The agrifood sector has already done a lot and indeed has decoupled sector growth from gross emissions. This achievement has been delivered as a result of continued research, advances in animal genetics, health and nutrition, and through optimising the use of fertilisers.
Nitrogen is now more efficiently used through improved manure management and soil fertility. The nitrates action programme helps in this regard and contains measures to protect surface waters and groundwater from agricultural sources.
Improving breeding and maintaining the health of livestock is very important to achieving efficiency and managing emissions. This is actively supported through our beef data and genomics programme. This world first national programme ranks the efficiency of beef breeding animals on a star based system, with five stars being the most efficient rank. On the dairy side, the introduction of the economic breeding index, EBI, is identifying the most efficient animals for a grass based production system. As of January 2017, the top herd EBI is €182 in the best 200 herds, which is 40% above the average herd.
Through the targeted agri-investment programme, we are supporting the introduction of more efficient manure application techniques such as trailing shoe, which improves the efficiency of manure as a fertiliser.
Under the agri-environment scheme, GLAS, which has 50,000 farmer members, specific measures are included to support climate change objectives, while our organic farming scheme supports organic farming as an alternative farming system, contributing to improving soil quality and mitigation and adaptation to climate change. The scheme has been very successful since its launch, attracting 1,264 applications.
In terms of sequestration or the capturing of carbon, our most significant intervention is the national afforestation programme, which features ambitious targets to support the increase in planting to more than 8,000 ha per annum in 2020 and achieving forest cover of 18% by 2050. This is a significant programme nationally and is recognised as a key element of our ambition to address climate change. As energy efficiency on farms rises, renewable energy sources have become more viable. These sources include both bio-energy and biofuels.
As a result of the afforestation scheme, roundwood production in Ireland is expected to double by 2035, with almost all of the increase coming from private grant-aided forests. Forest based biomass, including forestry and timber processing residues and post-consumer wood, is also forecast to double during this period to more than 4 million cu. m, capable of producing 29 million GJ of energy. The continuation of afforestation levels and mobilisation of the private forest resource will be key to achieving these forecasts and maintaining a sustainable biomass supply into the future. The forest road scheme provides grant aid to forest owners to allow access to forests for first thinning and harvesting, which is an essential first step in mobilising wood for the market.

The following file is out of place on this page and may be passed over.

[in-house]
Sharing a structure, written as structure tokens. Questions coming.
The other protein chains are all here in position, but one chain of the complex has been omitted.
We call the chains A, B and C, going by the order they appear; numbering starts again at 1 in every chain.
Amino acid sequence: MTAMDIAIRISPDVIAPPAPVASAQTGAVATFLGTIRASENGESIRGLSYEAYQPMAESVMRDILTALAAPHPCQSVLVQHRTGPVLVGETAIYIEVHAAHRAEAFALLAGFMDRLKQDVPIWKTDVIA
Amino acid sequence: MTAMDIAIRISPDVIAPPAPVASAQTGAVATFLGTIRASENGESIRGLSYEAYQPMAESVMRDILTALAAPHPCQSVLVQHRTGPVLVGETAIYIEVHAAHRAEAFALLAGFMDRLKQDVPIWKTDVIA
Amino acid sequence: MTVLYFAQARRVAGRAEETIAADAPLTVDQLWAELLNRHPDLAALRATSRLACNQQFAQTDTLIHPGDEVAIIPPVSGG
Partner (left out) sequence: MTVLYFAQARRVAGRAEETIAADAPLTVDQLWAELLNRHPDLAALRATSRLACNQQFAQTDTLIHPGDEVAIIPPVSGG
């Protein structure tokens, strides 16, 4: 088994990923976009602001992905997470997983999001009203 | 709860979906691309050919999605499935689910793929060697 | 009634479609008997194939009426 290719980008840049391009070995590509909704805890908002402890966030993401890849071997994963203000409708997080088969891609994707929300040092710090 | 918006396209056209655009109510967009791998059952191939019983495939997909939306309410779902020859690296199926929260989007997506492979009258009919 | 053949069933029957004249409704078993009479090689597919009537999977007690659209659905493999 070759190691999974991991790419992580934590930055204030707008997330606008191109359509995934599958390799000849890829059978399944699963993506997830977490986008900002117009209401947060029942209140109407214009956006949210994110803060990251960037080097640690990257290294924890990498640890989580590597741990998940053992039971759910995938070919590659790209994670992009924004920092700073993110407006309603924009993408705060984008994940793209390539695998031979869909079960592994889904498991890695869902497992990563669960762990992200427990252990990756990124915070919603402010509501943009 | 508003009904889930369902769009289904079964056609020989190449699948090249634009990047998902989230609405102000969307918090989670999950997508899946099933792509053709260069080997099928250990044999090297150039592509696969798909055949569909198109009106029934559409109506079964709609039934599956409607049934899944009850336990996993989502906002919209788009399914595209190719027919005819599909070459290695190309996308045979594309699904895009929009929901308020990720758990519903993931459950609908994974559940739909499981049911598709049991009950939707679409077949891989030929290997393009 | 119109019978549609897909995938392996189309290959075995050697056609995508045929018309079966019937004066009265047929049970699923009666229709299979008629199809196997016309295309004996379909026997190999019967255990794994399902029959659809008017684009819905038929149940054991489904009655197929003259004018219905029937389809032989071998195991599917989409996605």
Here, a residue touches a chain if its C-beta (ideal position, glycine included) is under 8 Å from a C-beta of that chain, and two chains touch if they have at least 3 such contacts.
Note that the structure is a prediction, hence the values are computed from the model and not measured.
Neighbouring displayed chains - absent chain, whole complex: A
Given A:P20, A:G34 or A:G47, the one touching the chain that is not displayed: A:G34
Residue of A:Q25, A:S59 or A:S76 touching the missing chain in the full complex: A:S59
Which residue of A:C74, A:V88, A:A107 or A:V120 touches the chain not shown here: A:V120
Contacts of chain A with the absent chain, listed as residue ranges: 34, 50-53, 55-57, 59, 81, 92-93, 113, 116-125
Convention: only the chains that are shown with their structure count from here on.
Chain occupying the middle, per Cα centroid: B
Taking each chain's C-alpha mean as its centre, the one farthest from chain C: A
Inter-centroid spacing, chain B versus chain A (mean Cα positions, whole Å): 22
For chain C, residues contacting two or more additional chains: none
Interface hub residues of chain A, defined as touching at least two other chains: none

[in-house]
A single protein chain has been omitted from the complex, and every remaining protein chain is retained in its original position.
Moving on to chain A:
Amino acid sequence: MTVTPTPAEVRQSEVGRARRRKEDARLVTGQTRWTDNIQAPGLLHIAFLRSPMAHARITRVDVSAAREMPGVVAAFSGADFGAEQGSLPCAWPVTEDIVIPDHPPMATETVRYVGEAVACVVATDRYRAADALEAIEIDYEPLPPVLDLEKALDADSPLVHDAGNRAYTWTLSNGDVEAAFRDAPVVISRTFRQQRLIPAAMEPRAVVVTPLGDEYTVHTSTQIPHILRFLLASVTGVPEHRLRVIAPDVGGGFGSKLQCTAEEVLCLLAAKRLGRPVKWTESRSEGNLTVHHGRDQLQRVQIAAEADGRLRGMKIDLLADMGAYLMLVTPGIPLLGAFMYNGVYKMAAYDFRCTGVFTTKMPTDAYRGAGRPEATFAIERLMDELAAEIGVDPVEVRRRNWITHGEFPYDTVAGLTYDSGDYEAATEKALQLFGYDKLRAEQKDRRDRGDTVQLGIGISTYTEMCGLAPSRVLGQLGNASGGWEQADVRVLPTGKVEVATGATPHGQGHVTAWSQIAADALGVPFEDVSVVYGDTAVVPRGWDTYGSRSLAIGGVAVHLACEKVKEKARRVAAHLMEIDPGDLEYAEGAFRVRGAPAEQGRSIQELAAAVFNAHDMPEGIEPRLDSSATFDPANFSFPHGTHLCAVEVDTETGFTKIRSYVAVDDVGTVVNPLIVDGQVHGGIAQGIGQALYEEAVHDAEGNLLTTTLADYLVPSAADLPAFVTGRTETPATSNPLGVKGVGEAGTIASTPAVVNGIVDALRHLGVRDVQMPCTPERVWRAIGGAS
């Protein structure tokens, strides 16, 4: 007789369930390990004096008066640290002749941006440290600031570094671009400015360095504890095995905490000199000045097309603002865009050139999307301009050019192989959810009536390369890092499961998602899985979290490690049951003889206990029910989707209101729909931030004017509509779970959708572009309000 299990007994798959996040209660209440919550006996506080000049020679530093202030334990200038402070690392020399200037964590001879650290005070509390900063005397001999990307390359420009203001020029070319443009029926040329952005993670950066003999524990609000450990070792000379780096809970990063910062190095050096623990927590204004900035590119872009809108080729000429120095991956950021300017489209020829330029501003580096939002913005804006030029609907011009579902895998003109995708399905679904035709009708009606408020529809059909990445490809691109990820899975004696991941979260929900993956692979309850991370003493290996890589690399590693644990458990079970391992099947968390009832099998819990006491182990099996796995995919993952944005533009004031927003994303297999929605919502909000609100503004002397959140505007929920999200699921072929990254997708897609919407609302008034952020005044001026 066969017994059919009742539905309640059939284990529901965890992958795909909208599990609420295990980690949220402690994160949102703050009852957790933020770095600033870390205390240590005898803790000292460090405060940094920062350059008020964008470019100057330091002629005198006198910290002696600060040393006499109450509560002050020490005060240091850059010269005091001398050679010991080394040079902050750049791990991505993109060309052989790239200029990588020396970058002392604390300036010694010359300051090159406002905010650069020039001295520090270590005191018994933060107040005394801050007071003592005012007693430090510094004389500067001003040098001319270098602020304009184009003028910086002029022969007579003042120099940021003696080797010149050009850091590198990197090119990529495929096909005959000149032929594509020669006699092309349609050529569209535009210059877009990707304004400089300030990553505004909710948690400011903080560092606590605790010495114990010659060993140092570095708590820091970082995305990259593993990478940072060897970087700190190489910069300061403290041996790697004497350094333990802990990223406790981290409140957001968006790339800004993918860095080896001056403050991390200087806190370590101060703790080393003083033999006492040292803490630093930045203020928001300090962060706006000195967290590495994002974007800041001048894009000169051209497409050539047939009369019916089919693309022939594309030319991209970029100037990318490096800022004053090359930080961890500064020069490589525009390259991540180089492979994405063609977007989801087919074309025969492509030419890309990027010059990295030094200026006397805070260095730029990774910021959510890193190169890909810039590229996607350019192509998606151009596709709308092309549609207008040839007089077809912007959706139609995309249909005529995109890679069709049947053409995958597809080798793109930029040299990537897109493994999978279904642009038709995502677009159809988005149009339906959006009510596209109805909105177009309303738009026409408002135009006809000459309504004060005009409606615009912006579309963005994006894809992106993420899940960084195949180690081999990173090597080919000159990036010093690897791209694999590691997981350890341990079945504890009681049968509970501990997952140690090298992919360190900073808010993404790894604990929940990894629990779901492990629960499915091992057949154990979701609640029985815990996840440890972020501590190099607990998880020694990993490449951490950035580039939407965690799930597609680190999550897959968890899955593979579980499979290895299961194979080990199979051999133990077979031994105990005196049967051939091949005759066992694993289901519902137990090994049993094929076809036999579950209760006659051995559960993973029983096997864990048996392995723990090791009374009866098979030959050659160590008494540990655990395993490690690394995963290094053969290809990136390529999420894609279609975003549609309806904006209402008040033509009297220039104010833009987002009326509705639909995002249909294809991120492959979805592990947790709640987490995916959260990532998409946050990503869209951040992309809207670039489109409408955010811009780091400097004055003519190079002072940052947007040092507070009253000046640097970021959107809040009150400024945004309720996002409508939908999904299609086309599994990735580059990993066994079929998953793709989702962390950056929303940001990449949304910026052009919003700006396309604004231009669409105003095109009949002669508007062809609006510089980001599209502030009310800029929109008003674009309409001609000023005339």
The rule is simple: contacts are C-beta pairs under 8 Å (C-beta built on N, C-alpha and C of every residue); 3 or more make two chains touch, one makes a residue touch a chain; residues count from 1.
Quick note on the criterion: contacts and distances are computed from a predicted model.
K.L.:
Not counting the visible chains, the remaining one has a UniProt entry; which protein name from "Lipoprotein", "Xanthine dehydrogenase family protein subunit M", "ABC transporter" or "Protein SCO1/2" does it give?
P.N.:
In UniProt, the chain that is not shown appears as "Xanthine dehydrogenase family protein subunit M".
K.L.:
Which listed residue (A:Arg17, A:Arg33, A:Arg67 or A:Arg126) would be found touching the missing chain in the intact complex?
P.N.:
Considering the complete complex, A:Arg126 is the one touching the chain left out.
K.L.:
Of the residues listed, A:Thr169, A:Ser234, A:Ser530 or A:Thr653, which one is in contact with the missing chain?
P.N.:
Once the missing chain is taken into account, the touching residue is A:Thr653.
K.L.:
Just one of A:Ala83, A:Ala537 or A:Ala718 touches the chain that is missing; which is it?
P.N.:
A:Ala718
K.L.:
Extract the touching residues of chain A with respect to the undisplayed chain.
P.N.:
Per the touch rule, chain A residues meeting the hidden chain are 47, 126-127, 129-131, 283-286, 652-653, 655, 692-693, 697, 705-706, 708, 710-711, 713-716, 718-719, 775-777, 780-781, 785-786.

It is also worth noting that agriculture is different from other sectors in that it is the only sector that can sequester emissions through forests and land use. Our grasslands are a significant carbon pool, especially peat rich soils, while well managed grasslands on mineral soils take up and store carbon. In addition, the contribution of our forests to climate mitigation is threefold, encompassing the sequestration of carbon, the replacement of energy intensive materials and the provision of sustainable biomass to the energy sector. All three activities are supported under the afforestation programme.
The Department has contributed to the national mitigation plan. In conjunction with others in this area, we have included 30 actions to advance our emission reduction obligation. The Department has also published an adaptation planning document which recognised that the impacts of climate change on agriculture are significant.